THE MAGIC CARPOOL RIDE

Ahhhh, the sounds of silence. There are no words.

My weekly teen carpool is nothing like a vanful of tweens – which is an exercise in question ping-pong. But WHY can’t I have a phone for my birthday? Cause you’re turning 10. WHY can’t we go for ice cream? Cause it’s -10 out there. WHY can’t I sit in the front seat? Cuz I said no. The tween drive is also a study in van-trashing: Really, guys? A chewed-gum tower in the cup holder? Really? and an insane game of musical seats. I called the middle! I called it! MOM!!!  On those drives,  I’m fine, just as long as I remember my earplugs.

In stark contrast, when I arrive at the teen homes in the semi-dark, it’s quiet. I honk, they come. Slowly. Like zombies. Feet dragging, eyes vacant, faces slack. There are no good mornings, no smiles, no questions. Just the sound of the door sliding open and then shut.  They bring their own earplugs – in the form of headphones. They don’t want outside sounds. For them, there are three choices:

1. Block out all sound by plugging into ipods

2. Text (maybe even to each other, right there in the back seat – but hey, at least they’re not driving and texting, right?)

3.  Lie down if there’s and empty seat and snooze

They are not trying to be rude. It’s just that at 8:00 am, the teen brain is not awake, let alone the teen mouth and the wiring in between. No matter what time they hit the hay last night, it was too late. They’re not hungry yet, they’ve barely made it out the door with coat, shoes, backpack and lunch, and the last thing they want to do is engage.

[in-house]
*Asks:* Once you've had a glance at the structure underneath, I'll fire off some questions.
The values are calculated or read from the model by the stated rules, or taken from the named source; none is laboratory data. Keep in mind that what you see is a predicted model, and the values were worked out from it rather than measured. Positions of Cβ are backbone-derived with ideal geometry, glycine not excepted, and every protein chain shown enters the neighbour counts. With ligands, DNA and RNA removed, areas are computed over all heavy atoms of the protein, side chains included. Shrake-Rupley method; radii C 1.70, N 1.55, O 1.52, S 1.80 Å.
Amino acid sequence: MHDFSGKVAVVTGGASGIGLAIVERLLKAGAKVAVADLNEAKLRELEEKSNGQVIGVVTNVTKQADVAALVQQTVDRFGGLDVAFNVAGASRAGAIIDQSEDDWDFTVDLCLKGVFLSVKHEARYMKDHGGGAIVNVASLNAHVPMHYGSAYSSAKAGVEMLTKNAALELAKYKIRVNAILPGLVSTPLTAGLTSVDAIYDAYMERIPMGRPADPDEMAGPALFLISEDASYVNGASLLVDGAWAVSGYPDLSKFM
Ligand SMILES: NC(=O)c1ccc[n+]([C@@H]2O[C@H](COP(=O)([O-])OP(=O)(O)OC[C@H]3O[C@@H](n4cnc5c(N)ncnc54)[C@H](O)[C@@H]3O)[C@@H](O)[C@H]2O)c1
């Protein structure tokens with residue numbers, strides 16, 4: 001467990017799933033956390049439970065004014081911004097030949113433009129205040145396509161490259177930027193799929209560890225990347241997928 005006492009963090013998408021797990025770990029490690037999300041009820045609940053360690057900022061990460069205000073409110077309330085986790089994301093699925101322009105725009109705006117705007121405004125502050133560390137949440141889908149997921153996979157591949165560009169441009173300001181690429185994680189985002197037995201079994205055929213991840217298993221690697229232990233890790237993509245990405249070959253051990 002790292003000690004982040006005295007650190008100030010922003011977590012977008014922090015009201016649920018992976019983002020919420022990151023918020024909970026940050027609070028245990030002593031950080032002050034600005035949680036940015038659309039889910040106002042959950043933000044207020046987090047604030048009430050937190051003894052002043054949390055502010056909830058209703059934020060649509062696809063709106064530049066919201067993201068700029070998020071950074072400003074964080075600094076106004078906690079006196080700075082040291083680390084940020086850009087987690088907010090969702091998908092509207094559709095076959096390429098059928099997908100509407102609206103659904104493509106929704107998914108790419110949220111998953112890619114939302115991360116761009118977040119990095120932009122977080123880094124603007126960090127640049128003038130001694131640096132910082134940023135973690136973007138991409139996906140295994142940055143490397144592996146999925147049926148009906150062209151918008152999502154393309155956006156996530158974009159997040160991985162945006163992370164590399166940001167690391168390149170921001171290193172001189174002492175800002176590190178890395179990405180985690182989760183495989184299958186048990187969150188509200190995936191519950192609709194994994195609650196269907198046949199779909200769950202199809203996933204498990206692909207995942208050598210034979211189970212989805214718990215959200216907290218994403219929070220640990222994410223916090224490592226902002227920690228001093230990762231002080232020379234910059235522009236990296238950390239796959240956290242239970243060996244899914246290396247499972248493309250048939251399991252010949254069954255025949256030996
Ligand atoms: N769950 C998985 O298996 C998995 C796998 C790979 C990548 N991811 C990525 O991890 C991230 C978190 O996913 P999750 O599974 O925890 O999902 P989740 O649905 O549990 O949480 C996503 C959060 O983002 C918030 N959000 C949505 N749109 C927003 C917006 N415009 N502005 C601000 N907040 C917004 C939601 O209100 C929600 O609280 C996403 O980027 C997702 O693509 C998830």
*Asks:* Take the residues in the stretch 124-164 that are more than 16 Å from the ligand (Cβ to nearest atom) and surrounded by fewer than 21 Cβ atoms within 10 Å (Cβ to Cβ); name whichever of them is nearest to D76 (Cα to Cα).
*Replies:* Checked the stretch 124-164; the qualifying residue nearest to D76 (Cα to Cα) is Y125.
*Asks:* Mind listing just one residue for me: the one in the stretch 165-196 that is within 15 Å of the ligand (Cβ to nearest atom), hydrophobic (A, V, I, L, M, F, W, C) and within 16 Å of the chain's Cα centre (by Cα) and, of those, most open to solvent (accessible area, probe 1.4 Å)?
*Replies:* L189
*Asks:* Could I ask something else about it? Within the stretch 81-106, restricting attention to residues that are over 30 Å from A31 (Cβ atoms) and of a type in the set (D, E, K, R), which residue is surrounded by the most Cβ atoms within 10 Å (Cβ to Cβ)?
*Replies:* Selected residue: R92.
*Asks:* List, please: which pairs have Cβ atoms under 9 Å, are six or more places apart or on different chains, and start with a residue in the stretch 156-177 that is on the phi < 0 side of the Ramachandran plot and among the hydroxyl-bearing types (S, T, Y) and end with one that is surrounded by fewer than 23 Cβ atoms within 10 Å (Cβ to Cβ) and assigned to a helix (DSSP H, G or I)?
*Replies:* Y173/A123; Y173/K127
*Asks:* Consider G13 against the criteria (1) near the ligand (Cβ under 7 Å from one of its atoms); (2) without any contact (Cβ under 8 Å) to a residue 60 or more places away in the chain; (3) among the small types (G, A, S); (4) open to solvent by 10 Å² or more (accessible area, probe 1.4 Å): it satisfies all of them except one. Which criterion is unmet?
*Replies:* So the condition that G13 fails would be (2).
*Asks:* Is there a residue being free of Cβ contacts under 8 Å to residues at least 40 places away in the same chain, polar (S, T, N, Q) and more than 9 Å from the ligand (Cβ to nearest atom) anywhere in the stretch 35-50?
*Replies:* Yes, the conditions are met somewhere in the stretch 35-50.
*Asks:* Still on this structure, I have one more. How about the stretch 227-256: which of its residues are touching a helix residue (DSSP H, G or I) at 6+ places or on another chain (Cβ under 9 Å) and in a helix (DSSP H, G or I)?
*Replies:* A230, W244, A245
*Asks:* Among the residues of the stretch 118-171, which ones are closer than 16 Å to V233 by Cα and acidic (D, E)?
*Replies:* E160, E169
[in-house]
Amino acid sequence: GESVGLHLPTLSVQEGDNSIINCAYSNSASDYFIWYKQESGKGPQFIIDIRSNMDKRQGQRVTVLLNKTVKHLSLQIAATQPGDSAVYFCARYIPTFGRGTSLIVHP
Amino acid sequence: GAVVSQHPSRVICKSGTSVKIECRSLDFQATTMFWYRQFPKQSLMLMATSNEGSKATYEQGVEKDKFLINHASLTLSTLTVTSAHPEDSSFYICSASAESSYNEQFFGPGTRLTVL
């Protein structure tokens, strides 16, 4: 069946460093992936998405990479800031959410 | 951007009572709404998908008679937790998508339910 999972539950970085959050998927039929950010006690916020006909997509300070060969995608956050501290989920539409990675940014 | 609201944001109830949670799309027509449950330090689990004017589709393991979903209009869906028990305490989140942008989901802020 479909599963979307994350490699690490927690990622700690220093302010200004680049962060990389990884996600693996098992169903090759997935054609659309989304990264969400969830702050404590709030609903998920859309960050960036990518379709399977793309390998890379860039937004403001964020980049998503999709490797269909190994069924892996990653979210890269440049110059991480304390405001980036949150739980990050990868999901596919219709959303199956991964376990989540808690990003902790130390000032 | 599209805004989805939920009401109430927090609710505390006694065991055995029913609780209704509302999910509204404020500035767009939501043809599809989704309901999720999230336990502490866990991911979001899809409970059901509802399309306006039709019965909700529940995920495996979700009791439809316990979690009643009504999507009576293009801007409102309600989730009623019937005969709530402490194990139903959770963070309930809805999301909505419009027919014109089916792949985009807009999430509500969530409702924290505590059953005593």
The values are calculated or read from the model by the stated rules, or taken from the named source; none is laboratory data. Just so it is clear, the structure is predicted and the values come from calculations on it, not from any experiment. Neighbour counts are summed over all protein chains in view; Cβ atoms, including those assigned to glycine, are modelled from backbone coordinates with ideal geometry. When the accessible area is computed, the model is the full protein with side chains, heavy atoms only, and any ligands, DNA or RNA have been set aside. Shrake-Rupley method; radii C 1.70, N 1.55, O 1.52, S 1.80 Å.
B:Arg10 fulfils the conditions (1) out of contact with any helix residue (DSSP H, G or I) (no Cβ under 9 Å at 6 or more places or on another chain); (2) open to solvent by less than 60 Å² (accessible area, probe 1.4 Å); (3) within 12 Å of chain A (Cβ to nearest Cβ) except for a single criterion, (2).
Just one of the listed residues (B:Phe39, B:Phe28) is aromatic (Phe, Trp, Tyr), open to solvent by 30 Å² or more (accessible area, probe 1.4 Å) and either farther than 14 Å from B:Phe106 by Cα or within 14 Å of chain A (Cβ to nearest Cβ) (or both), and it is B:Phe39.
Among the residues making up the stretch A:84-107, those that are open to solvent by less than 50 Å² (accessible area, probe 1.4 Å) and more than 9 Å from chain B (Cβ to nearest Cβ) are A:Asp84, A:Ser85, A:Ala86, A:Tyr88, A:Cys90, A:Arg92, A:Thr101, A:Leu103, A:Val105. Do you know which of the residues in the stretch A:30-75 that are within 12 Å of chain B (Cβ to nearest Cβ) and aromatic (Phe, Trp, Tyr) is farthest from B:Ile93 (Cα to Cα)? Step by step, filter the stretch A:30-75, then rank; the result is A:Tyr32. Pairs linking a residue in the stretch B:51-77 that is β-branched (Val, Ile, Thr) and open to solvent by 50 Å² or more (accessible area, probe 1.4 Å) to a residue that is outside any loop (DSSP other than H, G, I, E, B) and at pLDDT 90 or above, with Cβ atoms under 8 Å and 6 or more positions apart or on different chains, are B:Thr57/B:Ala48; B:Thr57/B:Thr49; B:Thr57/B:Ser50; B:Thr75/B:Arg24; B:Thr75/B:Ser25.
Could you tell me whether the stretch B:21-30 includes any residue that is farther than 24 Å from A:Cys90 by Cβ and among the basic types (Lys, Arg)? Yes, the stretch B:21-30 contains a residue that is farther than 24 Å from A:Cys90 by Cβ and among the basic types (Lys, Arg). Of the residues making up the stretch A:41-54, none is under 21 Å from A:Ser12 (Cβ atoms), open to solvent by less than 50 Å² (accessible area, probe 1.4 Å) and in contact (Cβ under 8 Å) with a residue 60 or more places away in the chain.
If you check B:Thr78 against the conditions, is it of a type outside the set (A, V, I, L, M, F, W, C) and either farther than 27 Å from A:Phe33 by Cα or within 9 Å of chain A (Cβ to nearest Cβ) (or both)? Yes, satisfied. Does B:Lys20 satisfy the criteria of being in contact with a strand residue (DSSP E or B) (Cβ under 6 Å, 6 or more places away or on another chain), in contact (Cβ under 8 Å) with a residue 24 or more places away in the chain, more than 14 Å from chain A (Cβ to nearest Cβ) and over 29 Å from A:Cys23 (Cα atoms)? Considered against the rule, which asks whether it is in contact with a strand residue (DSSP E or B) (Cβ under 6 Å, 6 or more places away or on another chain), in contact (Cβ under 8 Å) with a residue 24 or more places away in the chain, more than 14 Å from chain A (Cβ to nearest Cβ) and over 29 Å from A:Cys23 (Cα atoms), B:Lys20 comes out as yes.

I sound really intuitive, don’t I? Well, I’m not. I kicked off the school year drives trying to spark some clever car chat – about upcoming tests, vacations, weekend plans. I even tried a little music and movie talk – topics sure to catch flame. They’d reward me with one-word answers at first, but then I’d get whispers that required me to ask the same question two, three, four times. I thought they had hearing problems. What? I asked, turning down the radio. Come again?

Finally, when those whispers devolved into Tarzan grunts, I got with the program. Small talk has no place in the teen morning carpool. It took me a month to figure out that all I have to do – the politest, most respectful thing to do – is shut up and respect their right to enjoy the ride.

Wait for it. There’s karma coming.

When I finally gave up trying to connect with the kids, I started looking forward to my Friday morning teen carpool. In it, there is zero pressure on me. I don’t have to be Carol Brady trying to teach six kids the facts of life. For that one half hour of the day, I can forget living up to the standard of a great mom. Hey, I don’t even have to pretend to be a cheery morning person. I’m off the hook. I can be a grumpy, selfish bitch or one of those mute chauffeurs that owns the road. I get to listen to the news station. I get to sip my coffee, tweet at stoplights, flip the bird at bully drivers, curse at the rain or just enjoy the rising sun in peace.

When I pull up at school, the kids drag their butts from seats and file out, each mumbling a quick thanks as they go. The door slides shut.

No, thank you, my friends. Thank you.

 

 

About randi

Randi Chapnik Myers & Mara Shapiro don't get fazed by their teens. At least they try not to.

Comments

  1. It’s like we’re twin drivers. Although I don’t carpool regularly for school, the morning drives with our 12yo son are silent. He reads, ruminates, or dozes. Early in the year I also tried to engage in intellectual conversations and caught on when I received barely comprehensible mumbles. Now we save our conversations for the afternoons. When I carpool the hockey boys I’ve given up trying to talk to them. They don’t even notice me. It’s like the truck is on autopilot so I’m free to do what I want….see your list.

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